Tuesday, December 09, 2008

Frank Schaeffer on NPR

There was an excellent interview on NPR today with Frank Schaeffer. Schaeffer is the author of Crazy for God: How I Grew Up as One of the Elect, Helped Found the Religious Right, and Lived to Take All (or Almost All) of It Back.

Schaeffer was a main player in the build up of the Religious Right, so he has first hand insight as to what drives it. In the interview he states:

The right wing and the evangelical preachers and people like Dr. Dobson and others realized that this cultural political stuff was ten times bigger when it came to both fund raising and giving them access to power, than simply talking about Jesus or helping the poor or whatever it might be. Our issues were much sexier, but you can’t ONLY talk about abortion. Pretty soon you have to have some new scandal of the week to go after, and of course the gay movement as it was emerging in tandem during that same period in the 60s, 70s and into the 80s presented a good target. You have a minority population who are living in a life style that will shock the sensibilities of fundamentalist Christians. So after you go after the abortionists, this presents another group. So once the religious right got into the habit of playing “church lady” to essentially the whole culture, both judging and condemning and also offering a solution – which was essentially to put their people in power – you needed to keep cranking that out.

His comments parallel what I have been feeling for a long time - that all of this hype over various issues is as much about fund raising as it is about anything else. Most of the mailers I get from Right leaning ministries usually contain something that I should be afraid of. I wrote these thoughts down in a previous blog post: Evangelical Exaggeration.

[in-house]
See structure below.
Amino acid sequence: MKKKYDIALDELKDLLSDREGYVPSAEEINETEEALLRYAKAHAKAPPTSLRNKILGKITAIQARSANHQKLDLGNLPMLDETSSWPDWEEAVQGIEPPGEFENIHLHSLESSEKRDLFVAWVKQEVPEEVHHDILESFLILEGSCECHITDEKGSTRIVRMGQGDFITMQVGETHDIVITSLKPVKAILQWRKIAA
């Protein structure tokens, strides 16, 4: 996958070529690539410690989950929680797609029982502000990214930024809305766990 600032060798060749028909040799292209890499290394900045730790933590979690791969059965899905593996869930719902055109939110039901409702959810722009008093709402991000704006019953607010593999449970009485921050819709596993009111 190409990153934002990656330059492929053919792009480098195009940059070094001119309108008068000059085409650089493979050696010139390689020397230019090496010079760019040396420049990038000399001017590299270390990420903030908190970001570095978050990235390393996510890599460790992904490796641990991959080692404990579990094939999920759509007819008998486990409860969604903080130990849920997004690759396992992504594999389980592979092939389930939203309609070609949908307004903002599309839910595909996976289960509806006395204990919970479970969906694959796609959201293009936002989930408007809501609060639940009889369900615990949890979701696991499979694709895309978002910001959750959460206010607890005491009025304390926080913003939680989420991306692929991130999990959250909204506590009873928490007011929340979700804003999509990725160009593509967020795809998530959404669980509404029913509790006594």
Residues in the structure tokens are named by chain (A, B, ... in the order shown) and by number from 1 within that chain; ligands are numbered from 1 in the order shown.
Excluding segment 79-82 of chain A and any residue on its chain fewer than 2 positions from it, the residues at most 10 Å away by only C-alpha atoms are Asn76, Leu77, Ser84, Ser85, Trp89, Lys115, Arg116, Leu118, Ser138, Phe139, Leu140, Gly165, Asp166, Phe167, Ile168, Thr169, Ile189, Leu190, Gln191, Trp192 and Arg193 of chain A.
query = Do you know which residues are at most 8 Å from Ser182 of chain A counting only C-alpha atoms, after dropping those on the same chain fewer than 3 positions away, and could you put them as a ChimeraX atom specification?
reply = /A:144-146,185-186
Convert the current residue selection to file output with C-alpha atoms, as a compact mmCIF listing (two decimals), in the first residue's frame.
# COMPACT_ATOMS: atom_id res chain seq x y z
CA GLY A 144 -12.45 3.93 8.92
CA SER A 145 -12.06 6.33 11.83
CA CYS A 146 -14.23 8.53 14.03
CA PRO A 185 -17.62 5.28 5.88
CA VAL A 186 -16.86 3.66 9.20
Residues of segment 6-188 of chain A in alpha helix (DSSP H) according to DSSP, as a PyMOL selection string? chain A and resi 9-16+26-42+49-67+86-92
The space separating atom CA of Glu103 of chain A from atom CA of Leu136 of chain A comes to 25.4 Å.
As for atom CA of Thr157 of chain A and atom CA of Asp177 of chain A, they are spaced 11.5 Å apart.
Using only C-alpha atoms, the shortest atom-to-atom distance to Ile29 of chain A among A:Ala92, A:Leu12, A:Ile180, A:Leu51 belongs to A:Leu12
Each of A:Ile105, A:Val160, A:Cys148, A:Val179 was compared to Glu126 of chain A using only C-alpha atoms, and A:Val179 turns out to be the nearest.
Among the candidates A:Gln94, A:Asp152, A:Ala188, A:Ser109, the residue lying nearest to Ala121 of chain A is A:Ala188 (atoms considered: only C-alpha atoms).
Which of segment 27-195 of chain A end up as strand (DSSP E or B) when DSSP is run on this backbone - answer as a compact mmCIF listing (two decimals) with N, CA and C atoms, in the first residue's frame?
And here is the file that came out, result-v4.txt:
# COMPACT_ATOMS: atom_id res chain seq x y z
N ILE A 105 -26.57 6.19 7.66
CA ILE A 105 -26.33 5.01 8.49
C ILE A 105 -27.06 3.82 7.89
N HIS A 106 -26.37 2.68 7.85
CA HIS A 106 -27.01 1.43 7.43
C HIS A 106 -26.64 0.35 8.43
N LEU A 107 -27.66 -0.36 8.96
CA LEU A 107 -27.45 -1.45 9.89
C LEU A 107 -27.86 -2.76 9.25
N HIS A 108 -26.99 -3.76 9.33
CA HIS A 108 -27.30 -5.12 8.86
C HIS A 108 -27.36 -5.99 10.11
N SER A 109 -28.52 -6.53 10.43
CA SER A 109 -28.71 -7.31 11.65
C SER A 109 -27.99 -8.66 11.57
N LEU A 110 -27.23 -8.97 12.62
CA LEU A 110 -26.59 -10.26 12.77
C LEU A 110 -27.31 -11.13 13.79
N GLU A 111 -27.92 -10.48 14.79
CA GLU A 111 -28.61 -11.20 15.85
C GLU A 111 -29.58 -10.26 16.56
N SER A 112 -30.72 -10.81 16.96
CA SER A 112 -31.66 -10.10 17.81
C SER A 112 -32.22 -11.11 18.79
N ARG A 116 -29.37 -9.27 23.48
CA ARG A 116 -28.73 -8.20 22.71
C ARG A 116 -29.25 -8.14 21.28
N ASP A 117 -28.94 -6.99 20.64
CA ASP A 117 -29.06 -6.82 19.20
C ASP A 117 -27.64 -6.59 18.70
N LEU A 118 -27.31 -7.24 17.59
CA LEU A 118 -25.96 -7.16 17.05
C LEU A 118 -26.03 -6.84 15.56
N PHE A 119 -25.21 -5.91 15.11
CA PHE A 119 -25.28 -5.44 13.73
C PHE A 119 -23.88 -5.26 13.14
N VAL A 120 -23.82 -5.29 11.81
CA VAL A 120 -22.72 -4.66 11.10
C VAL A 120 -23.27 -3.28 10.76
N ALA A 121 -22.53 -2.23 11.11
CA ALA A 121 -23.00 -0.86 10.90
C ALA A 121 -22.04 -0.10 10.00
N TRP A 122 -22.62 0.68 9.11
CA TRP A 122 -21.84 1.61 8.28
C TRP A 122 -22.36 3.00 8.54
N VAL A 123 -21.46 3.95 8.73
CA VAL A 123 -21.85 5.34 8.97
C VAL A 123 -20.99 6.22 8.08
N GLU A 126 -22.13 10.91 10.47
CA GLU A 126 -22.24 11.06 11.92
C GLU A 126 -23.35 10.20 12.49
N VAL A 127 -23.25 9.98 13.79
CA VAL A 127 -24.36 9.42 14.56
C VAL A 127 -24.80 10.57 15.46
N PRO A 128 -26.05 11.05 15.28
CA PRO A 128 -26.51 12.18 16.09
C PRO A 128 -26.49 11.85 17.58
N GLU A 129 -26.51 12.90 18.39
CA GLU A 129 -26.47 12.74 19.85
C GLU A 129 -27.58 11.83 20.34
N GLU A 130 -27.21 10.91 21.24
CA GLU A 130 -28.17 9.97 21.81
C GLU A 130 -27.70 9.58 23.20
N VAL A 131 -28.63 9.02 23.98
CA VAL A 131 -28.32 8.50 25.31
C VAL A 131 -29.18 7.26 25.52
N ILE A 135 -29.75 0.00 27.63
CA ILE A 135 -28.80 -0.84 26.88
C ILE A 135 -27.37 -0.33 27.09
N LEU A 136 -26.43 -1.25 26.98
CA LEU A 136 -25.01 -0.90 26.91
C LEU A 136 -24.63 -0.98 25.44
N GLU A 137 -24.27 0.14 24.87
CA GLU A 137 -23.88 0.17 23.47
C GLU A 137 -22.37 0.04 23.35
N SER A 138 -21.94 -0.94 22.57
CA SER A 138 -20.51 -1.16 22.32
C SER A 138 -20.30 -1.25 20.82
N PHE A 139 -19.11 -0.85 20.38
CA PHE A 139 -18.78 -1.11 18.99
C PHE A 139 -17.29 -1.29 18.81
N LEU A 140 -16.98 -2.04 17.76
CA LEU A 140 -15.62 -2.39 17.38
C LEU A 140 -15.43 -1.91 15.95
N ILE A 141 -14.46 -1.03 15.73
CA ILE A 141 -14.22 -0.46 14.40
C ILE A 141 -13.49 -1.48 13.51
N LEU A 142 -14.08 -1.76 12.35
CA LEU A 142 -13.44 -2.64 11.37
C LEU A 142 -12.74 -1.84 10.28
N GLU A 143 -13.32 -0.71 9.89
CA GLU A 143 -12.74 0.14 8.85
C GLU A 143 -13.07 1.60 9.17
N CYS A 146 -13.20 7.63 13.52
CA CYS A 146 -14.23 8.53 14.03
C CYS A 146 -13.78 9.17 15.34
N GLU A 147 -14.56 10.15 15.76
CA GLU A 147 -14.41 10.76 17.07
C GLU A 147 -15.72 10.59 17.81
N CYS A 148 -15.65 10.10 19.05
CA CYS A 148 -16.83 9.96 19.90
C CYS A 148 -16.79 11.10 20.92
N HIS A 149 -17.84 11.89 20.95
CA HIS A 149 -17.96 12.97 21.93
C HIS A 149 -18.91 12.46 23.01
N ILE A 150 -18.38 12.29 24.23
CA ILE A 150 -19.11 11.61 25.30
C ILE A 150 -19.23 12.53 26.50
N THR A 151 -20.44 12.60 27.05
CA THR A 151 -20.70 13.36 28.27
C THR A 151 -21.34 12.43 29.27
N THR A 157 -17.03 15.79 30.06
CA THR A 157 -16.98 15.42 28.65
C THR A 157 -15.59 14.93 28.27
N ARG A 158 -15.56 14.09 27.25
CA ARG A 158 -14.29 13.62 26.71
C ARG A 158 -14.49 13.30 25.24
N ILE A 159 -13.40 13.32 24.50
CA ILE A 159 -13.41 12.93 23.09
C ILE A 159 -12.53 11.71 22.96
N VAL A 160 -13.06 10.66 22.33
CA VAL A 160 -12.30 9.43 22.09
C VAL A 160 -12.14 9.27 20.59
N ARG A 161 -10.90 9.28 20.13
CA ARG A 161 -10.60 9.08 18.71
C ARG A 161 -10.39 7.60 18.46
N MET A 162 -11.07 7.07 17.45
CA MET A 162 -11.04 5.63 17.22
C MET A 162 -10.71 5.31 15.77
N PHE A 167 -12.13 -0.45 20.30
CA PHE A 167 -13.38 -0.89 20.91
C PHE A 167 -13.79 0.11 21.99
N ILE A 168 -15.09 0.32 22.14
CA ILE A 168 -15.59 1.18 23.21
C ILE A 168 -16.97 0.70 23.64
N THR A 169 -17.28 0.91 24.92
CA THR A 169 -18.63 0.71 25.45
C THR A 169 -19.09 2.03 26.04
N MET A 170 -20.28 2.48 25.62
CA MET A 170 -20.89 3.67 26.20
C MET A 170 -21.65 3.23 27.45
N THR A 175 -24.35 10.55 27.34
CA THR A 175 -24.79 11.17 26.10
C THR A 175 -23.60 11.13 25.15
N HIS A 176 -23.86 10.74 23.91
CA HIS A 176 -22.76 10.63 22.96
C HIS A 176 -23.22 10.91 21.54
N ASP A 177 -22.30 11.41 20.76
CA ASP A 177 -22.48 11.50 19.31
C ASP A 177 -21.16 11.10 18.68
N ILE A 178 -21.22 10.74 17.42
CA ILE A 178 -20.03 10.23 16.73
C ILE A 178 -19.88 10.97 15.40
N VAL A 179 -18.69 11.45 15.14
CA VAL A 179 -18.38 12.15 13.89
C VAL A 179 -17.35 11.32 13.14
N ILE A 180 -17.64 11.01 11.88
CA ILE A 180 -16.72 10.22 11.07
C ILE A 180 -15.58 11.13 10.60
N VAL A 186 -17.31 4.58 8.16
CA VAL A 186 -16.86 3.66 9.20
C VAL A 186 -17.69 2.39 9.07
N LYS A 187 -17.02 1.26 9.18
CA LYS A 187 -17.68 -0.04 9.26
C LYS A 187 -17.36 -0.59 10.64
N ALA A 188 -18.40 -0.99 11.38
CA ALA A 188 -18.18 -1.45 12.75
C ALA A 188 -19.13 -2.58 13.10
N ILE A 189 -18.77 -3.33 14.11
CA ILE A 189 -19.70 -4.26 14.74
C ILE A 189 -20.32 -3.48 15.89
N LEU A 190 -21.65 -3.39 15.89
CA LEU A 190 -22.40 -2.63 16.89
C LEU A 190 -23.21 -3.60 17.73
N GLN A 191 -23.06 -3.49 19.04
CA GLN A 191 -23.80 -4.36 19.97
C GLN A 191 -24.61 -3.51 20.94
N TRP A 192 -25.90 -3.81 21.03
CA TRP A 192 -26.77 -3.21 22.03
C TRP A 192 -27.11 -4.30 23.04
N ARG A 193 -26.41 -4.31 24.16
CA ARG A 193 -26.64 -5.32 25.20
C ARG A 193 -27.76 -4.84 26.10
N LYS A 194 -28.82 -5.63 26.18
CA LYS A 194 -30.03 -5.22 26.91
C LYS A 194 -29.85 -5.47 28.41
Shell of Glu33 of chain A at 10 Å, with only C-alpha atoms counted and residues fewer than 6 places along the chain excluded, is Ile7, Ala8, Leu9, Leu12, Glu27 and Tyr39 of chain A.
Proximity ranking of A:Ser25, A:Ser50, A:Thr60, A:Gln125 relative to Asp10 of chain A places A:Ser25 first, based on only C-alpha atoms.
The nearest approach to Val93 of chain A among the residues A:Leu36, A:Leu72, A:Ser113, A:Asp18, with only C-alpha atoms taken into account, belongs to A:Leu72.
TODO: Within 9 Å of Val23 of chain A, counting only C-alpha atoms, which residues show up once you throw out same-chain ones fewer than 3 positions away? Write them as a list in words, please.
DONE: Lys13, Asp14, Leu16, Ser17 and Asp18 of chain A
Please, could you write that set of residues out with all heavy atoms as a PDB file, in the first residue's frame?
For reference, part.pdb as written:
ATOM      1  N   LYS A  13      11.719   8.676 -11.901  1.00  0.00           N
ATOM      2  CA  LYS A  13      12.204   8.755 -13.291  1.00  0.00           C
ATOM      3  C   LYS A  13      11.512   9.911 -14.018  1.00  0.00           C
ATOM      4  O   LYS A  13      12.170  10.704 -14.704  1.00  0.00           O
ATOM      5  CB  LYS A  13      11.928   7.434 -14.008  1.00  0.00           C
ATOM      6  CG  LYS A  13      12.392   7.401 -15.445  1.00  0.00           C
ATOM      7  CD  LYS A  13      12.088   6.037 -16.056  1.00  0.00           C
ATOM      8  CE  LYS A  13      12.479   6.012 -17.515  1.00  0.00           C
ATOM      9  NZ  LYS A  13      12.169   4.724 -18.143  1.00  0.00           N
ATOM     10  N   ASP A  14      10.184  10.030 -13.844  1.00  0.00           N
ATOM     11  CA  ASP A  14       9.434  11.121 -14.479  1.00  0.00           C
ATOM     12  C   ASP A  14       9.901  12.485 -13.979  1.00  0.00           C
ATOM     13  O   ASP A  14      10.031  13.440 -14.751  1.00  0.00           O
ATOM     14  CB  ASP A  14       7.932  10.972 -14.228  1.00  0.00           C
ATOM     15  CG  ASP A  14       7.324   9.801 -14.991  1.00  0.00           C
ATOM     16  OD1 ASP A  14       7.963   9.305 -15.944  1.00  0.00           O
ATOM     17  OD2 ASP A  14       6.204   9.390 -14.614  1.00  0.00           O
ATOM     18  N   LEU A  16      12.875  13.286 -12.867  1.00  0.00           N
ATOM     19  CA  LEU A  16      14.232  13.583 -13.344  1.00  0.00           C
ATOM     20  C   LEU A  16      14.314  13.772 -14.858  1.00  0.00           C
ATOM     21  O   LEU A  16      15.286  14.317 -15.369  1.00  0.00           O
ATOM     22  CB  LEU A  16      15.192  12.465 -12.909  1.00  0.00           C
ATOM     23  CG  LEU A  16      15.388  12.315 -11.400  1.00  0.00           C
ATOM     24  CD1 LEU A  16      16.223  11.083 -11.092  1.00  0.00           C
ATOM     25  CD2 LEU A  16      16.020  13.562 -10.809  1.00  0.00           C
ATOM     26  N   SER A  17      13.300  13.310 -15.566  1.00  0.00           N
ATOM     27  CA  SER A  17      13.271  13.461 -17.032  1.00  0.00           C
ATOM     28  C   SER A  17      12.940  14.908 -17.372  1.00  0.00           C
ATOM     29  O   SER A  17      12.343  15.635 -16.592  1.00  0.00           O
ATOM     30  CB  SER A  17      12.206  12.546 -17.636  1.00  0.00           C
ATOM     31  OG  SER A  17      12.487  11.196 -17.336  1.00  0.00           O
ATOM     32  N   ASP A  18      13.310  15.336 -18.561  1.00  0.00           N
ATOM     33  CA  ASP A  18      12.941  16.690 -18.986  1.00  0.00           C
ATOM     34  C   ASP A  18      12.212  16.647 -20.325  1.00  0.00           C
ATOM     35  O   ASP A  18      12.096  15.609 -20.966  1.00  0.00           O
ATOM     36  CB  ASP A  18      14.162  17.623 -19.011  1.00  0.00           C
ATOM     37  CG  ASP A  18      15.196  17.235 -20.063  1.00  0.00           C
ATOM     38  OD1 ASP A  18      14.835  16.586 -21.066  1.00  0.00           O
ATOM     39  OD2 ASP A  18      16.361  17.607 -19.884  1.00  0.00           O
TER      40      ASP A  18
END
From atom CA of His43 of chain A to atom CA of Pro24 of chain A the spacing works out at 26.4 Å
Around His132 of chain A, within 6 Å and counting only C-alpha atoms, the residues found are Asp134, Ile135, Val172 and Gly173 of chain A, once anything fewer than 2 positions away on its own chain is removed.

Schaeffer also talks about being raised fundamentalist, which I resonated with. He gave the example that a person raised fundamentalist doesn't know how to have a normal conversation. Everything you say to someone "unsaved" is just a lead in. You want to get around all this unimportant stuff regarding their life - so that you can give them a tract. I laughed and cringed when I heard that... so close to home.

You can listen to the NPR interview
here.

8 comments:

Tit for Tat said...

All this reminds me of a great quote.

"If you truly want to test a mans character, give him power"

John Shuck said...

I heard some of that interview today. It was an eye-opener. Thanks for posting on it.

Redlefty said...

Jesus took on very few of the issues of his day -- legal prostitution, oppression of women and religious groups, etc...

He simply served the individuals, without demonizing a group or topic. I love that. Right-wing political movements could learn from it, I hope.

Sherry said...

I read the book, I have heard him interviewed before, but yesterday on Fresh Air was simply amazing. At the end, his thoughts on his dad were so wonderfully touching.

Thanks Andrew.

WES ELLIS said...

That's an interesting quote coming from Schaeffer. I believe that the average conservative Christian is as honest as can be in their politics, their not TRYING to be malicious in their attackes on other people including the gays (but, of course, if they took the time to build relationships with them it would be clear just how malicious they are being). I think they honestly believe that what they are attacking is sin... but their priorities have been mixed up. Part of the art of the religious right is doing just that, mixing up peoples priorities, telling them what the REAL evil in the world is and doing so by playing on peoples emotions, their fears and passions. It's quite deceptive.

I totally relate with your description of "growing up a fundamentalist." That's pretty close to home for me too.

The Metzes said...

Good stuff

societyvs said...

I'd be inetersted in reading Frank Schaeffer - and his views on the Religious Right - sounds very interesting so far (from your blog).

I liked RedLefty's comments - "Jesus took on very few of the issues of his day" - maybe this is a standard we can also adopt?

Logan said...

He simply served the individuals, without demonizing a group or topic. I love that. Right-wing political movements could learn from it, I hope.

I agree, although I think many left-wing political movements could stand to learn the same lesson.

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